Paul Verhoeven’s Total Recall is one of the most fascinating science fiction films of all-time and certainly one of the most enjoyable. This 1990 extravaganza is equal parts lunacy and complexity, with Philip K. Dick’s “We Can Remember It for You Wholesale” tale serving as the foundation.
The Dick story, rendered into a taut screenplay by Ronald Shusett, Dan O’Bannon and Gary Goldman, explores concepts of memory and reality. Something called “extra-factual memory” enters the mix and conscious memories are distorted with entrenched reality. Verhoeven manipulates these concepts with a satirical bent and a mind for modern blood-and-guts action.
Arnold Schwarzenegger is Quaid, a construction worker in the year 2084. He lives a simple life with his wife Lori (Sharon Stone), but he’s always wanted to go to Mars. There is political conflict on the red planet, with Cohaagen (Ronny Cox) fighting back rebels. Quaid sees an advertisement for Rekall, a service that will implant memories, and decides to check it out.
Rekall, headed by Richter (Michael Ironside), convinces Quaid to take the “ego trip” option. This allows him the memories of the Mars trip, but he’ll be a secret agent. Unfortunately, something goes wrong during the procedure and the lines between reality, memory and implanted memory are blurred.
The concept of Rekall is captivating, as we wonder what makes memories real. The notion of buying memories isn’t impractical and the various “levels of reality” press the plot in stimulating directions. The audience wonders what’s real, just as Schwarzenegger’s character does, and that provides a compelling access point.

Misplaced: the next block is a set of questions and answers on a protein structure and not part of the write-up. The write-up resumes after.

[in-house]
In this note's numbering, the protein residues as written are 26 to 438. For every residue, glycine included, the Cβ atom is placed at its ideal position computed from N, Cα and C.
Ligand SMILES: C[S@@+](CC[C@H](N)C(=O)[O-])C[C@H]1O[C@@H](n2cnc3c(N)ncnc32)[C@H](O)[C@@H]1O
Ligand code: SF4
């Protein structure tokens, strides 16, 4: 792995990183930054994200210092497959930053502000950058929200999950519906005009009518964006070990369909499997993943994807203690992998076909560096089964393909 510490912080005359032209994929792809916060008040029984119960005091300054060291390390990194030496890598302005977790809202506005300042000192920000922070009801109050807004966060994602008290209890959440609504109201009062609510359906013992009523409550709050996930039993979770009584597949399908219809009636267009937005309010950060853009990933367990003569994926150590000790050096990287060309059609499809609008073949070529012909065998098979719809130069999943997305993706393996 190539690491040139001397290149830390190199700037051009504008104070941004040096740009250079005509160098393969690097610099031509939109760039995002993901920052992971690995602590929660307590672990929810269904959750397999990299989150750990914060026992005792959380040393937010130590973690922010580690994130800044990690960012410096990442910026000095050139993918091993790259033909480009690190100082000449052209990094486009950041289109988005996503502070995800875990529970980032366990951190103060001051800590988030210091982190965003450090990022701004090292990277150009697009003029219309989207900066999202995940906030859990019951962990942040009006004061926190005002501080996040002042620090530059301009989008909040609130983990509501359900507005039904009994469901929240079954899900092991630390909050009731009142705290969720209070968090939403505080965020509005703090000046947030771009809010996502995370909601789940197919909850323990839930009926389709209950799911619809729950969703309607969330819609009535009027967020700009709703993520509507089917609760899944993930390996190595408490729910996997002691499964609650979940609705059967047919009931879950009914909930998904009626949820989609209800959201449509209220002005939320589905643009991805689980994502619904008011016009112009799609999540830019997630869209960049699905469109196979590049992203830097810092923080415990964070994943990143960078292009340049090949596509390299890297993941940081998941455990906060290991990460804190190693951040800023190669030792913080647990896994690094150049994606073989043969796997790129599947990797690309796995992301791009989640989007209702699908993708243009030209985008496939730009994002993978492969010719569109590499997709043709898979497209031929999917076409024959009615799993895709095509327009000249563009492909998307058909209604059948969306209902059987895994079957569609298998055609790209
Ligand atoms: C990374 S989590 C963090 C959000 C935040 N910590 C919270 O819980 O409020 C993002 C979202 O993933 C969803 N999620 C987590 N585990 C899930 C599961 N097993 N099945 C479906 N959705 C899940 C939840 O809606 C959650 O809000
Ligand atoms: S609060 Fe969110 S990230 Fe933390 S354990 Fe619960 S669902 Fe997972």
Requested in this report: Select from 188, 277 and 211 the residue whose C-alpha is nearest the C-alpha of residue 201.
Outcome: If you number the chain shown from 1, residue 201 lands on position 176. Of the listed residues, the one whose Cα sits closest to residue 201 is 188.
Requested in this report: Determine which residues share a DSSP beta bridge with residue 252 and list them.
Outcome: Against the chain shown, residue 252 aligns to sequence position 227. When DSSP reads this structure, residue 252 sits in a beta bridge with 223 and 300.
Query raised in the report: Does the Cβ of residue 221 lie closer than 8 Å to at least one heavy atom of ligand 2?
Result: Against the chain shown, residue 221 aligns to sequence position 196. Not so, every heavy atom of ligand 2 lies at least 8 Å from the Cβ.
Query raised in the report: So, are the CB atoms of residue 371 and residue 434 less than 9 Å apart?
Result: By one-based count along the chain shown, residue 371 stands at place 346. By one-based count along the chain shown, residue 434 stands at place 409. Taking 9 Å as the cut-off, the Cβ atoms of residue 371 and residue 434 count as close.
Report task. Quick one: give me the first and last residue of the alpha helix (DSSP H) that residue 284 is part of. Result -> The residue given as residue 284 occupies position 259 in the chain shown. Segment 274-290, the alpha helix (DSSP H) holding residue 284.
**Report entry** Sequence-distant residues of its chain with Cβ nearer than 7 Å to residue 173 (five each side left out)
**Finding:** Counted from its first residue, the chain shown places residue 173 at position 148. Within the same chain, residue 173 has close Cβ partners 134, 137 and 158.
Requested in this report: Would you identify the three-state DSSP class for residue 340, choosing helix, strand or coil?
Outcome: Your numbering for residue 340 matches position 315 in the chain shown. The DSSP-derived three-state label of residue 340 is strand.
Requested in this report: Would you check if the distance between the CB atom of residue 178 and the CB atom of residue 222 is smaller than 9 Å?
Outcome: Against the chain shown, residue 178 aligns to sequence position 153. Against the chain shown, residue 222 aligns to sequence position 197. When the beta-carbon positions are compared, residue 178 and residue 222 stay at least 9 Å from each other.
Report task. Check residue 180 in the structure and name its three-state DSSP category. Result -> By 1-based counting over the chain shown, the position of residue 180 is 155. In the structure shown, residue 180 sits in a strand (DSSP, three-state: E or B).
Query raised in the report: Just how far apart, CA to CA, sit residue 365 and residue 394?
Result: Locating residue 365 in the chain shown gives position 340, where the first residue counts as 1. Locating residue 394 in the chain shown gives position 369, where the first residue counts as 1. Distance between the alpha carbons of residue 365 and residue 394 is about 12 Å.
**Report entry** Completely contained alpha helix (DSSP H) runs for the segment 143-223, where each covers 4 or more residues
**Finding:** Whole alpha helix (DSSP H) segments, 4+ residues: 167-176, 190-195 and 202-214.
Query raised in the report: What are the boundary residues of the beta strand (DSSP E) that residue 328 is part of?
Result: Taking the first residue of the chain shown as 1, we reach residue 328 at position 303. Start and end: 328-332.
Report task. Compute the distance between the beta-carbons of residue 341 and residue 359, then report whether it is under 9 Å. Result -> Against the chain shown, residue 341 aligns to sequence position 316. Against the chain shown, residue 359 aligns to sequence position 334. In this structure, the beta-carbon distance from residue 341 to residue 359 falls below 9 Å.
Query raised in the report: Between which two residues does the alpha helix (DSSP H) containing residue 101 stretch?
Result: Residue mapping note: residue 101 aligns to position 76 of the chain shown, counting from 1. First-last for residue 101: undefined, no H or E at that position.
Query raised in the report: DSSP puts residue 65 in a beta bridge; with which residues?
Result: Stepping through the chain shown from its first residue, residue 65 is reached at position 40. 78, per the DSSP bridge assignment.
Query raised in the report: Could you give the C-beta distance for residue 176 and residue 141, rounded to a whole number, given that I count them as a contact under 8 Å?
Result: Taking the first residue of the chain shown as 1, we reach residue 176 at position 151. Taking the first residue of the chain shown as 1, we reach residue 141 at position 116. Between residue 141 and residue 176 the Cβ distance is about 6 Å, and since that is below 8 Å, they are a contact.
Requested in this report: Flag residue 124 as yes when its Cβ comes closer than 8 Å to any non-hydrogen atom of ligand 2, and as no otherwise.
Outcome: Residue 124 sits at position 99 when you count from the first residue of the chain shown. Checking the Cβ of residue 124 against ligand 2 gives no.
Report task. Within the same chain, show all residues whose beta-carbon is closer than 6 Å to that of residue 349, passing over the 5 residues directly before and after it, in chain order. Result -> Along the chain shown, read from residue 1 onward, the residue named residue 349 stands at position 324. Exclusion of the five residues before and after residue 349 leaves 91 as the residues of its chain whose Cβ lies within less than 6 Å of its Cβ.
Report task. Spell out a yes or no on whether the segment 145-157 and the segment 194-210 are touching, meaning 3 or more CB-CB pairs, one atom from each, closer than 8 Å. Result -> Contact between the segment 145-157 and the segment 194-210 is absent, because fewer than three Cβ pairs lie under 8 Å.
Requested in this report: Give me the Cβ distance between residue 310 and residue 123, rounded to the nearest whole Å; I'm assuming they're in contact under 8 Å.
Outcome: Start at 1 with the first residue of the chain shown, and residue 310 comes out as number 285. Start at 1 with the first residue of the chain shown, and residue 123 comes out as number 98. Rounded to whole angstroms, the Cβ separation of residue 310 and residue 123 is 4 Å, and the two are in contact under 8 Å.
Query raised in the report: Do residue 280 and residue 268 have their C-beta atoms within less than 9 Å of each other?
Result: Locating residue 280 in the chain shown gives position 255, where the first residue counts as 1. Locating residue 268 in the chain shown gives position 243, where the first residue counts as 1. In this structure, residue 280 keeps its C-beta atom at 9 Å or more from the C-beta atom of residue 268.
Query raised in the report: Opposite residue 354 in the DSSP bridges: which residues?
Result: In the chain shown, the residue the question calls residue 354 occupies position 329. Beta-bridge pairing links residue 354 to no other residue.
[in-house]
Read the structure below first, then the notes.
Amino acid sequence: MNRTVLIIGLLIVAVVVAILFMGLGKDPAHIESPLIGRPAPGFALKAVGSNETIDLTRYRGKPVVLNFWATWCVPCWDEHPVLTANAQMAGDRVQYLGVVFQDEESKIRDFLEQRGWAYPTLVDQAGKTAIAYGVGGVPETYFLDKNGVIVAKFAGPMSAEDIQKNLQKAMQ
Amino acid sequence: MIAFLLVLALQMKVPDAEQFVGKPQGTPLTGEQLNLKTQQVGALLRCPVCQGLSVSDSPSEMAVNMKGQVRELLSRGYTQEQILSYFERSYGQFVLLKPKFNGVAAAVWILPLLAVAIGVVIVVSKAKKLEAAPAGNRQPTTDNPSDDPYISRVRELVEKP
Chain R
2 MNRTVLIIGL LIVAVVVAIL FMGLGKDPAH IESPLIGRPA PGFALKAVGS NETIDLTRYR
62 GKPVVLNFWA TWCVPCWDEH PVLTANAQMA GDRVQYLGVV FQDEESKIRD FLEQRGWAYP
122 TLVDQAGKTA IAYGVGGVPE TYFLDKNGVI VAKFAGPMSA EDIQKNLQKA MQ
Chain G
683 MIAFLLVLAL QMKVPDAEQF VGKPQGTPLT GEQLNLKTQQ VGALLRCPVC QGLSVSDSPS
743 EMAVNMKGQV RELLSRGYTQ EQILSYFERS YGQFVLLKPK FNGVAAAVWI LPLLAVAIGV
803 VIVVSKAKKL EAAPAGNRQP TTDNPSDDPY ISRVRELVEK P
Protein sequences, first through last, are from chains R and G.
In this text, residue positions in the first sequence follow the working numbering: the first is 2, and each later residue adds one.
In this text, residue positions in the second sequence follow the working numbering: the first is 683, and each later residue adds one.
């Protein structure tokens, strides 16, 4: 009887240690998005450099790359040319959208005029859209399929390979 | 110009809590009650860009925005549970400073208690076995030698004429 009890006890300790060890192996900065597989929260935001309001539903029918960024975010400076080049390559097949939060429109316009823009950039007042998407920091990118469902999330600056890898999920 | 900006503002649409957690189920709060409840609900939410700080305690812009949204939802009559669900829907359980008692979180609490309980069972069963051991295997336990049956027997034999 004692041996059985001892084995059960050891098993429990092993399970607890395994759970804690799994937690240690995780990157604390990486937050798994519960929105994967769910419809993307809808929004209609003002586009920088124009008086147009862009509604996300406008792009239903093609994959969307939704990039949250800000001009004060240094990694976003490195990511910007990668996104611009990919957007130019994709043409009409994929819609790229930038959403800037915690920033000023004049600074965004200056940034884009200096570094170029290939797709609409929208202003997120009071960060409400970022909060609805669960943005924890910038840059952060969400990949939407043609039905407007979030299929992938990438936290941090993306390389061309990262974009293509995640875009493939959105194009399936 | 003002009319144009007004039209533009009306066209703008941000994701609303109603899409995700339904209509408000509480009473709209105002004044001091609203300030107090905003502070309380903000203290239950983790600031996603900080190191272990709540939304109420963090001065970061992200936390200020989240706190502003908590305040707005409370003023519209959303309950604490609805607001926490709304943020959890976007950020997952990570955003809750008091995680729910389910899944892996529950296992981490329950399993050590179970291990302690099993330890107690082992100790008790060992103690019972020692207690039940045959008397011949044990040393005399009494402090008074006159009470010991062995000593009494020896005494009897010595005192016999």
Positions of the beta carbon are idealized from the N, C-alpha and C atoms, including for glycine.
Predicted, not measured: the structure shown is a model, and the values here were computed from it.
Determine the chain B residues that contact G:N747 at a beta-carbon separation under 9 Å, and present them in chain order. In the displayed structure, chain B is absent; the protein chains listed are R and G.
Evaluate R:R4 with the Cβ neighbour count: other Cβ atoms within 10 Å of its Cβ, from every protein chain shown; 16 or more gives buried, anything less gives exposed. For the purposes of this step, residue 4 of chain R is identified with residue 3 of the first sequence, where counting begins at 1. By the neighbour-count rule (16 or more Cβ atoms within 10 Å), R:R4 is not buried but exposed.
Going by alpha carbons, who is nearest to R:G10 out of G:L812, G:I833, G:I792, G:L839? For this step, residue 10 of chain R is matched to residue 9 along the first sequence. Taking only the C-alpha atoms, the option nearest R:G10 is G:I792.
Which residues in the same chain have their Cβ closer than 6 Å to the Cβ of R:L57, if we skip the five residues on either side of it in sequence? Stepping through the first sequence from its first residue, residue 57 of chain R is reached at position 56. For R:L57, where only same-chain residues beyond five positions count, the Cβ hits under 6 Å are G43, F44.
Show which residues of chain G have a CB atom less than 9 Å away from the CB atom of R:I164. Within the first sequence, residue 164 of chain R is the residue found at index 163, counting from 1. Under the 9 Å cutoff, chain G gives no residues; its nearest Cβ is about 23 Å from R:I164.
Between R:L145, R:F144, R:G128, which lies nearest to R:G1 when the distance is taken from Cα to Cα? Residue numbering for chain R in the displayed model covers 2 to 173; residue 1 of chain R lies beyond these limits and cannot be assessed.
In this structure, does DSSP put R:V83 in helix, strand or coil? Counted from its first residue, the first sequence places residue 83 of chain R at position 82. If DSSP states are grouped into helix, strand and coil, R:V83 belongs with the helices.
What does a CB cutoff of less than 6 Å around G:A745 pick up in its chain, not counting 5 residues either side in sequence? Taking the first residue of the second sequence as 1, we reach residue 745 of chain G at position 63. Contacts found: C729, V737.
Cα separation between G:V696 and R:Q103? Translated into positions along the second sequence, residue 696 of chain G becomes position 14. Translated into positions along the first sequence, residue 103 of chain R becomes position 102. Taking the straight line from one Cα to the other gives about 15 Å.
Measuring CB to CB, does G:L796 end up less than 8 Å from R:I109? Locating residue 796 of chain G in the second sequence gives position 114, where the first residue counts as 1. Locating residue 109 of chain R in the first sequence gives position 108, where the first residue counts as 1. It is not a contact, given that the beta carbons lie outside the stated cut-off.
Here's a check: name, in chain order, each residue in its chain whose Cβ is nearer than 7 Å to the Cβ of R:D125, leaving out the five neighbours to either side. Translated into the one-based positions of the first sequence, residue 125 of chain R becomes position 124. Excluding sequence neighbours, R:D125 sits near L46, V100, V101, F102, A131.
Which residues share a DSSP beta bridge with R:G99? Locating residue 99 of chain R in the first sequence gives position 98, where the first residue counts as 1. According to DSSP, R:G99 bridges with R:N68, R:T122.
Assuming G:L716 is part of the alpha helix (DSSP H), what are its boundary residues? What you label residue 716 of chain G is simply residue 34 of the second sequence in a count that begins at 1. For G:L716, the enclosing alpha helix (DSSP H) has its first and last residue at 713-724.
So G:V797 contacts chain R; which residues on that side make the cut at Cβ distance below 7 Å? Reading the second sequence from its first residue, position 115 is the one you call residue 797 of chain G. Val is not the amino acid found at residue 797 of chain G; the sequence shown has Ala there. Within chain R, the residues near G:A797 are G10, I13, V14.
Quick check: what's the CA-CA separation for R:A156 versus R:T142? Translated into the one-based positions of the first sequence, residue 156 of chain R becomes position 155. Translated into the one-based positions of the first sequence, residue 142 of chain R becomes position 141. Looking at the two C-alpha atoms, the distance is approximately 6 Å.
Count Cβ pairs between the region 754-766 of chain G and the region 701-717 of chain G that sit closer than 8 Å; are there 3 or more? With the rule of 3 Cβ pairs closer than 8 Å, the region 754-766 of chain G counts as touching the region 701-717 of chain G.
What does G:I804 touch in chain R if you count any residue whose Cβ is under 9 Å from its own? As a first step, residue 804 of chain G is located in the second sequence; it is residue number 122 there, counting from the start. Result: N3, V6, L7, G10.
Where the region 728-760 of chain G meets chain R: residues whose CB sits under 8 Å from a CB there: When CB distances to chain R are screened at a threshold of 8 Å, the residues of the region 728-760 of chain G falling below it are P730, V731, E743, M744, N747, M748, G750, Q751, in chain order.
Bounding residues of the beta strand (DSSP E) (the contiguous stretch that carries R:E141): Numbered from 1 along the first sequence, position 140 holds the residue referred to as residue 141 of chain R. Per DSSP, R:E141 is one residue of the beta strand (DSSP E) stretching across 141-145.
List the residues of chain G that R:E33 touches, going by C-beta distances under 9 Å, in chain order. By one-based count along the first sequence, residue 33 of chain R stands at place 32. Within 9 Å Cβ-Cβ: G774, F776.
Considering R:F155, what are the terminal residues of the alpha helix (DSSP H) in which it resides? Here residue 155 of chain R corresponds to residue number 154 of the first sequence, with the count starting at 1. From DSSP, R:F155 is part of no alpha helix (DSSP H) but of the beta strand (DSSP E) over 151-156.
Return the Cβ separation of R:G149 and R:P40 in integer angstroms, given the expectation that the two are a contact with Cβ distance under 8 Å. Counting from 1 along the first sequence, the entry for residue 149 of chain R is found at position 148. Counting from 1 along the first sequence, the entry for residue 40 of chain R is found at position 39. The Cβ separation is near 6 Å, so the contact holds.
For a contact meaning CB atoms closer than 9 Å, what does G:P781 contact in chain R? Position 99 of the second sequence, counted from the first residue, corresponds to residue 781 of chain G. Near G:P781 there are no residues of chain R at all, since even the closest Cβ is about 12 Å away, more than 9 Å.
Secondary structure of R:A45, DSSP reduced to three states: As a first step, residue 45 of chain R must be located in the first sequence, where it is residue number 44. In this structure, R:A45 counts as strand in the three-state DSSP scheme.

In lesser hands, the circumstances of Total Recall would melt into a baffling mess. But Verhoeven keeps building, providing the flashing lights and exhilarating trash of his landscape with enough context. The mutants of Mars have stories, lives. The squalid bars and locales matter.
Schwarzenegger has the distinction of playing an Average Joe and an action hero, all under the same roof. The secret agent caveat gives him the elements required to defend himself, but the everyman exterior makes him “one of us.” As an actor, he finds himself in the middle. Sometimes he’s confused. Sometimes he’s the defiant ass-kicker.
The action is thrilling and Schwarzenegger delivers a characteristic compilation of hits, with one-liners peppering some of the more enthralling kills. The “you’re screwed” scene is a howler, but nothing’s as funny as the swollen heads on the surface of Mars.
As with the best science fiction, Total Recall knows when to take itself seriously and when to hold nothing back. Verhoeven’s mind for the satirically violent future, evinced wonderfully in RoboCop, is blended with a Martian rebellion and the appearance of mutants like Kuato (Marshall Bell). This amalgamation of science fiction, action and absurd fantasy is top-tier.
Verhoeven’s considerations of memory, incidentally also a big part of the aforementioned RoboCop, matter because they speak to issues of identity. In the case of Murphy, the director forges the cop inside the silver exterior and builds him from the inside out. In the case of Total Recall’s Quaid, he blesses the character with a certain boyish wanderlust.
And into this gobsmacked desire to see Mars, Verhoeven injects violence and cold truth. Life is a struggle for the mutants. They’re abused and oppressed. These provocations, abundant in Verhoeven’s work, are the lifeblood of Total Recall. And these thoughts forge the film as a science fiction marvel, a movie as much about “reality” as it is about a three-breasted babe in a seedy bar.